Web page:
This year’s high-end laptops (such as the Macbook and Intel Ultrabooks) are going to be sporting SSDs that connect straight to the PCI Express bus, bypassing SATA altogether.
Although the speed increase will be less jarring than the move from discs of spinning rust to memory chips was, it will be noticeable.
By connecting straight to the bus and skipping the SATA translation layer, PCIe SSDs promise to be about 2 1/2 times faster in sustained, sequential throughput than SATA SSDs. The boost for random I/O, which is more common, will be smaller because changing buses doesn’t do much about latency.
Regardless, the SATA bus was becoming a limitation, so it was only a matter of time before manufacturers decided to bypass it. In laptops there’s a bonus, too: Since PCIe SSDs are a little bit smaller than SATA SSDs, the space it frees up allows them to stuff a slightly bigger battery into the case, for longer run times.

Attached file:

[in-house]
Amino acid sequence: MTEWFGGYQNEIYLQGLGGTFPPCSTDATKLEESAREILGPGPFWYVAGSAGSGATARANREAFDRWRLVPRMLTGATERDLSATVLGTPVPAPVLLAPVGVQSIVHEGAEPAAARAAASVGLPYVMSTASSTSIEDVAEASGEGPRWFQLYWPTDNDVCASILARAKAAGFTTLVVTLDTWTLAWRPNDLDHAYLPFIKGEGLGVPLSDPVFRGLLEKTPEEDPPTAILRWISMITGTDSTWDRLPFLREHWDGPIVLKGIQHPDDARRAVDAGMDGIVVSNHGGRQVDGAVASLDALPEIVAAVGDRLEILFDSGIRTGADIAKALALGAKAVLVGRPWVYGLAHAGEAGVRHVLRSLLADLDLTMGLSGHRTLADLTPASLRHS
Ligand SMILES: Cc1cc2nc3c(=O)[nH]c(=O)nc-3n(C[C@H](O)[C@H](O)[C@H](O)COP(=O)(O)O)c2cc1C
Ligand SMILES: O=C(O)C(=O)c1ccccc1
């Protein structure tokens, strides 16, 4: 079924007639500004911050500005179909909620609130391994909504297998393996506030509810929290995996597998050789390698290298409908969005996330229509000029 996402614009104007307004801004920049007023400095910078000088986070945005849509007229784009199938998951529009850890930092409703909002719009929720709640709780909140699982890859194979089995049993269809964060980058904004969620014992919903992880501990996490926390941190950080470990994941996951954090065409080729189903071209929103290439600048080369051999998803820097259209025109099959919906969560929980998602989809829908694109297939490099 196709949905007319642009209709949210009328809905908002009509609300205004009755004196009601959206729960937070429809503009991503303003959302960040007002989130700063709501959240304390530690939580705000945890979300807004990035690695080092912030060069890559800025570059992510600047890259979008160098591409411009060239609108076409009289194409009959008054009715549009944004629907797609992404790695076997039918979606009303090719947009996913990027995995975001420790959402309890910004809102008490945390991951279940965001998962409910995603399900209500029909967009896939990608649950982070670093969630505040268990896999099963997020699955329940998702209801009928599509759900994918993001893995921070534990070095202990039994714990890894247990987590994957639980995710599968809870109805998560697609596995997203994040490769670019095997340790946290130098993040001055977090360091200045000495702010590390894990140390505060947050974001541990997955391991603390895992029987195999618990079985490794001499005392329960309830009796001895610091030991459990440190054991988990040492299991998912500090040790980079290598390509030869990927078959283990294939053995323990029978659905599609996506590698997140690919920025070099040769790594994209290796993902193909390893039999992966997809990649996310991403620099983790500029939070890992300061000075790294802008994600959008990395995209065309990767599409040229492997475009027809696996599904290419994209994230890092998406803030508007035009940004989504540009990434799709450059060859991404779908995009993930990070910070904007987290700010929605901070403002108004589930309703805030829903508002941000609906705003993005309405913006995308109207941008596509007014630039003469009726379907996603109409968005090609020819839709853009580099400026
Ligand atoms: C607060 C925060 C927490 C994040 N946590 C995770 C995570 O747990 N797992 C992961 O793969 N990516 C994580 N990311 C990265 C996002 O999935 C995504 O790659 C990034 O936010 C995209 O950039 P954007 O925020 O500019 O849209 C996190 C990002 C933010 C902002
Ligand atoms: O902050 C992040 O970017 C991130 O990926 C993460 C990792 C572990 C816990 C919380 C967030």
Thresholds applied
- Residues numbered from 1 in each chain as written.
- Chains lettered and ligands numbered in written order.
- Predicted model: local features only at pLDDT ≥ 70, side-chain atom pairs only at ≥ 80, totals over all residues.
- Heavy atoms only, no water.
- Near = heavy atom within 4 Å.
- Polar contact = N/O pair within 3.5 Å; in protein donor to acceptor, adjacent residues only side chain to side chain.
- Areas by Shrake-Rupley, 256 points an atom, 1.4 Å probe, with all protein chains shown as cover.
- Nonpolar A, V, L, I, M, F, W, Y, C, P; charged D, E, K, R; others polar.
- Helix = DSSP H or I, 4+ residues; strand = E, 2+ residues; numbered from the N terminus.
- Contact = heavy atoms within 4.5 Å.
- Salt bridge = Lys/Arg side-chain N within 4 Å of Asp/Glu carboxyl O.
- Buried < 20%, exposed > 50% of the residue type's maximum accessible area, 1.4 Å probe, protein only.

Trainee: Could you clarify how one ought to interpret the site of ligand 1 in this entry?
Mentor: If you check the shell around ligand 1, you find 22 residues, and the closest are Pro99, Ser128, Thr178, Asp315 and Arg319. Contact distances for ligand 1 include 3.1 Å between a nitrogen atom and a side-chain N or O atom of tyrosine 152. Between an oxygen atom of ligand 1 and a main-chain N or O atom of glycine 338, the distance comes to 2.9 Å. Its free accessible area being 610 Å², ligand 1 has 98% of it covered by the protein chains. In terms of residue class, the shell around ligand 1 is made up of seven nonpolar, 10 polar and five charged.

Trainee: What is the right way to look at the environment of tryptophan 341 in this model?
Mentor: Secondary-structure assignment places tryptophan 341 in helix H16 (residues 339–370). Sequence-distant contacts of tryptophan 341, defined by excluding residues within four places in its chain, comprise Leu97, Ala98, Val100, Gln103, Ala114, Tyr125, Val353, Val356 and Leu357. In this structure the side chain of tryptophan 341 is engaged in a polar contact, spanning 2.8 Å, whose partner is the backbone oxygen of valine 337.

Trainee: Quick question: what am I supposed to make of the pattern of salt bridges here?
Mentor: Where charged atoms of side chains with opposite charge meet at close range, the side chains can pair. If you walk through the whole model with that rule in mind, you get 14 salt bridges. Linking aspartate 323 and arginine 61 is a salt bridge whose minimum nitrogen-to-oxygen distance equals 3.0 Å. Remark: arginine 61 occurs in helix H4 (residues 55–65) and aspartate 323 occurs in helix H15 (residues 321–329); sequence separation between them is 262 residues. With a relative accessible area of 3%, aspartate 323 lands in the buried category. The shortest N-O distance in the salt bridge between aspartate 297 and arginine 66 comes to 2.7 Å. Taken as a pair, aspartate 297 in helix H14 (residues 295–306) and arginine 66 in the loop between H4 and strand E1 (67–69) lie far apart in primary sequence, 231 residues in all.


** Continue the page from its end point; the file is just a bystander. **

Of course, I want one in a desktop too. If these drives look like a hard drive controller to the host system, that won’t be a problem, and all you’ll need is an adapter to make them fit. Then again, maybe someday soon we’ll start seeing desktop-sized PCIe SSDs that take advantage of the larger form factor to deliver increased storage capacity or other benefits.
David Farquhar is a computer security professional, entrepreneur, and author. He started his career as a part-time computer technician in 1994, worked his way up to system administrator by 1997, and has specialized in vulnerability management since 2013. He invests in real estate on the side and his hobbies include O gauge trains, baseball cards, and retro computers and video games. A University of Missouri graduate, he holds CISSP and Security+ certifications. He lives in St. Louis with his family.